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10

I don't know about weather, but non-factory produced milk changes with the season because of the feed, which will affect your butter. Over the winter, the cows are fed hay or corn, while over the summer, they're pastured, so get fresh grass. In the Netherlands, there are designations such as 'graskaas' (literally, 'grass chesse'), which is made from the ...


7

Damn, that looks good. I've never made this particular type of bread before, but here are some things that I do know which might help: Butter is (roughly) 10% water and 90% fat, while lard is 100% fat. So if you substitute one for the other, you should adjust the amount of water in the recipe accordingly. The flavor will be a little different, but I bet ...


5

This may actually have to do more with the temperature and climate in your home than with the ingredients in your cookies. If you're making cookie dough while your heater is on in the kitchen along with a preheating oven it may just be warmer in there than it would be in the summer with the AC running, or other active steps being taken to keep the house ...


3

The texture reminds me of two things - Italian "cakes" sold in the UK "German" supermarkets at Christmas (which are the colour in the photo), and the Lardy Cake that is made in Buckinghamshire (I mention that because you wanted to know about using lard). The stringing in the Italian cakes seem to show that they are allowed to "rise into shape" - I am ...


3

I make braided bread every week using an oatmeal buns recipe. It, too, doesn't like to be overworked. It's best with maybe 5 minutes of kneading. I don't actually think it is the ingredients that create the threads. It may be the braiding. Here are some of my key tips to successful bread: ALWAYS use a thermometer!Use a pattern to hand kneading like this: ...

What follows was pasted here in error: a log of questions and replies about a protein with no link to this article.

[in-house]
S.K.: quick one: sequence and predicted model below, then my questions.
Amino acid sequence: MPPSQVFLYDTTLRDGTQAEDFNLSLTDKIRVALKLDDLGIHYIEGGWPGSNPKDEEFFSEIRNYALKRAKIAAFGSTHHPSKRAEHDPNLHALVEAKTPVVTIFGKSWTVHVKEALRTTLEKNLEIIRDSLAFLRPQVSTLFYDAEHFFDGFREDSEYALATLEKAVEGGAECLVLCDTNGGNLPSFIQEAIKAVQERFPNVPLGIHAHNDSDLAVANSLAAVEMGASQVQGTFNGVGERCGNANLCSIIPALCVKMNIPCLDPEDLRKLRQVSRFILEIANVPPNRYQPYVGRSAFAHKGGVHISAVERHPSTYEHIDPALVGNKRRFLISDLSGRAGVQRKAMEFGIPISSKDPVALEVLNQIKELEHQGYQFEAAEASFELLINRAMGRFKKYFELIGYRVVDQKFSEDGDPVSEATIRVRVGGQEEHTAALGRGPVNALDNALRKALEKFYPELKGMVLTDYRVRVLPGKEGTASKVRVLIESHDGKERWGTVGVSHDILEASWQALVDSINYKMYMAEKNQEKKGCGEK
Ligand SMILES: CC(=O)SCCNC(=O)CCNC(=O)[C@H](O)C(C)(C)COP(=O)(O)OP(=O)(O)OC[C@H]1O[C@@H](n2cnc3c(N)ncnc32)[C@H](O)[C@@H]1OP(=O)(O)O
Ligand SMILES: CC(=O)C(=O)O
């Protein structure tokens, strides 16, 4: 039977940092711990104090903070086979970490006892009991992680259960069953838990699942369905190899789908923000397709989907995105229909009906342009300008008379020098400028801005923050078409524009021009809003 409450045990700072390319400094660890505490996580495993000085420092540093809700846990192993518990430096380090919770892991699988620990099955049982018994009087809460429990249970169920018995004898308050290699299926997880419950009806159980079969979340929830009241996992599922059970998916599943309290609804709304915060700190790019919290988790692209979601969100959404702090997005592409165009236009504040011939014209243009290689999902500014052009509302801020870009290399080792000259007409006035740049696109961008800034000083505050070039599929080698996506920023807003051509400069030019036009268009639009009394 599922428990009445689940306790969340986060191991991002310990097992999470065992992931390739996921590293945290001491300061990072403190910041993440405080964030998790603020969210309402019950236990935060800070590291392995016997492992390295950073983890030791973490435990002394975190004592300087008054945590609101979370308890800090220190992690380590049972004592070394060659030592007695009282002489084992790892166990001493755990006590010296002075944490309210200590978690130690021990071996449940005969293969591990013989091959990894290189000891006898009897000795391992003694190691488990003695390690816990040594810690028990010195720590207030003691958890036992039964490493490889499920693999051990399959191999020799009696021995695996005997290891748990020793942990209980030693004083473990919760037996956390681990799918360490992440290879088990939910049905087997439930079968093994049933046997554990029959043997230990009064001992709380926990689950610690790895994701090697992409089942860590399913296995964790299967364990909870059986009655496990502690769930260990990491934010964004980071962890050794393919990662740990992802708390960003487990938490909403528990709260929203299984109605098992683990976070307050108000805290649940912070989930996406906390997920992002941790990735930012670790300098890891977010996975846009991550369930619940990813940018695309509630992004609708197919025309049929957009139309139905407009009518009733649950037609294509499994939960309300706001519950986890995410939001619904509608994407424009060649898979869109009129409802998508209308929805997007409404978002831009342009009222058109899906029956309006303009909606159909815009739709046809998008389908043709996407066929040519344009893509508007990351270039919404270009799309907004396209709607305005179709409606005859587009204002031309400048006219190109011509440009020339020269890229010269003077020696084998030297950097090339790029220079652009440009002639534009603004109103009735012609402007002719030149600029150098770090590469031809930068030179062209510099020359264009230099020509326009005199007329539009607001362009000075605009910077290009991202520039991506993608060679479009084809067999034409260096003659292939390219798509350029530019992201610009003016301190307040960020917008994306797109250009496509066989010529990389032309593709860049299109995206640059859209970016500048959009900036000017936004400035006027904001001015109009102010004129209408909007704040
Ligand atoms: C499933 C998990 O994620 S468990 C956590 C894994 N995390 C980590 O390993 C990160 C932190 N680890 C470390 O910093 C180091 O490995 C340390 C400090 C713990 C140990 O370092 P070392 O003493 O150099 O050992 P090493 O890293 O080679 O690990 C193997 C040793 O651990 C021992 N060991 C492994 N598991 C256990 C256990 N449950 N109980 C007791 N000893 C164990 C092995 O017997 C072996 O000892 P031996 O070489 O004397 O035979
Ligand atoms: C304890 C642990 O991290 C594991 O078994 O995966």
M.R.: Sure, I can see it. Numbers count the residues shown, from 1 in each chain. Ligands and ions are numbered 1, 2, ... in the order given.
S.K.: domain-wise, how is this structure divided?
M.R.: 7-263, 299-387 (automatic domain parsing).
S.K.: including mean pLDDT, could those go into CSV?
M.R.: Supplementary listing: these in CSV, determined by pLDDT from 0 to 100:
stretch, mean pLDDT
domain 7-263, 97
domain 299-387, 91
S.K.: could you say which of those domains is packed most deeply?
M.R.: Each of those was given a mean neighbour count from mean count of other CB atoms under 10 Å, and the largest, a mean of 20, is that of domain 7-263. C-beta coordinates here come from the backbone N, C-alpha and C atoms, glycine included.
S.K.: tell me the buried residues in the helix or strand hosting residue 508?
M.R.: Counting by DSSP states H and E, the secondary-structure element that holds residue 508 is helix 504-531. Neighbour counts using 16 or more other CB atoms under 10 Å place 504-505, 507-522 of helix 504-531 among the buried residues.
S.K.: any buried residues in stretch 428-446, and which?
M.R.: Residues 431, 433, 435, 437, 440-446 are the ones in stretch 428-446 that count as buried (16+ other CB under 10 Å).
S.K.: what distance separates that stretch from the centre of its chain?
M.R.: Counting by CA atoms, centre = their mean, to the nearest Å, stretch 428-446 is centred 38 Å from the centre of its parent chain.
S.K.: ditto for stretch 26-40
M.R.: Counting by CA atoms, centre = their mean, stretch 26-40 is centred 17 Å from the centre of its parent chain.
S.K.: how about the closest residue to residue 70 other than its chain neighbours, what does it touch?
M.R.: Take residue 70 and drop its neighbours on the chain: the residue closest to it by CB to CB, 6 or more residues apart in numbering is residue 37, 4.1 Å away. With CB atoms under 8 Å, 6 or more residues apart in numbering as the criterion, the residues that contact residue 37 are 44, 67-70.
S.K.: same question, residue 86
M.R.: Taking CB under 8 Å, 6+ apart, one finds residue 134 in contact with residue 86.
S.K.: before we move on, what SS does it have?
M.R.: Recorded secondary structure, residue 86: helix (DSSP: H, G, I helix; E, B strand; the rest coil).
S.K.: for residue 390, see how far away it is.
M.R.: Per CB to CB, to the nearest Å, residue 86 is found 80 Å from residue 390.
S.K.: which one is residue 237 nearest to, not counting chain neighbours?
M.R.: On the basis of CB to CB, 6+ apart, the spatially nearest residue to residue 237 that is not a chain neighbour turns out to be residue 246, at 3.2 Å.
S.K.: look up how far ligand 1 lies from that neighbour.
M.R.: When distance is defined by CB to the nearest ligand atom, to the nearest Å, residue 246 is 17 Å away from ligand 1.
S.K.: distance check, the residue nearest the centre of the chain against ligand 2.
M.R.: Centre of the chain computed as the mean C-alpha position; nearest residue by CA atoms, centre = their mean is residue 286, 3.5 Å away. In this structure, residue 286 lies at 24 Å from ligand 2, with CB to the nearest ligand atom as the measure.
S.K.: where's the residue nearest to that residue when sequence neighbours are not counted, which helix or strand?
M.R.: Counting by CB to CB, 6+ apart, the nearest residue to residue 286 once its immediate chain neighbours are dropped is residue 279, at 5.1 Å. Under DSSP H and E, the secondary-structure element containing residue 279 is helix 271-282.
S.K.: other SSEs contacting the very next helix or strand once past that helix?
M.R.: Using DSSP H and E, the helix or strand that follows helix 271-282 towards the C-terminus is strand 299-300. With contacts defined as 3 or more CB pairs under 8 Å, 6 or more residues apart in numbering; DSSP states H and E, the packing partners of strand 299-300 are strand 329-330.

2

If all your cookies spread, I would say adding an egg white should help, but I wonder if you are plopping your dough onto a warm surface. That will cause them to spread more as well. You might try backing off your heat just the slightest bit. Have you changed cookie sheets recently? Dark metal vs new aluminum or stone, perhaps airbake sheets? All of these ...


1

There are a myriad ways to cook vegetables, some of which are suitable for younger, more tender specimens, and some of which are suitable for older, more robust (one might even say tougher) examples. The general principal (and there are a many exceptions) is that the older and tougher the vegetable, the longer you cook it. I think your question indicates ...


1

I'm presuming that your'e British because (a) You want to make marmalade (b) your nickname is 'tea drinker'. am i right? Anyway, those bitter oranges are grown not only in Spain but in other parts of the Mediterranean as well, but their season i relatively short - so if i were you i would keep my eyes open for nice ripe ones and buy them - you can keep them ...


1

I am not a professional but my understanding is that the threads come from the eggs(1) and this recipe has lots of eggs. Beating the eggs will chemically change the protein strands so that they stretch and bind in a similar way to gluten when developed, and similar to a brioche. Brioche dough should be beaten in a stand mixer for a total of 30 minutes to ...



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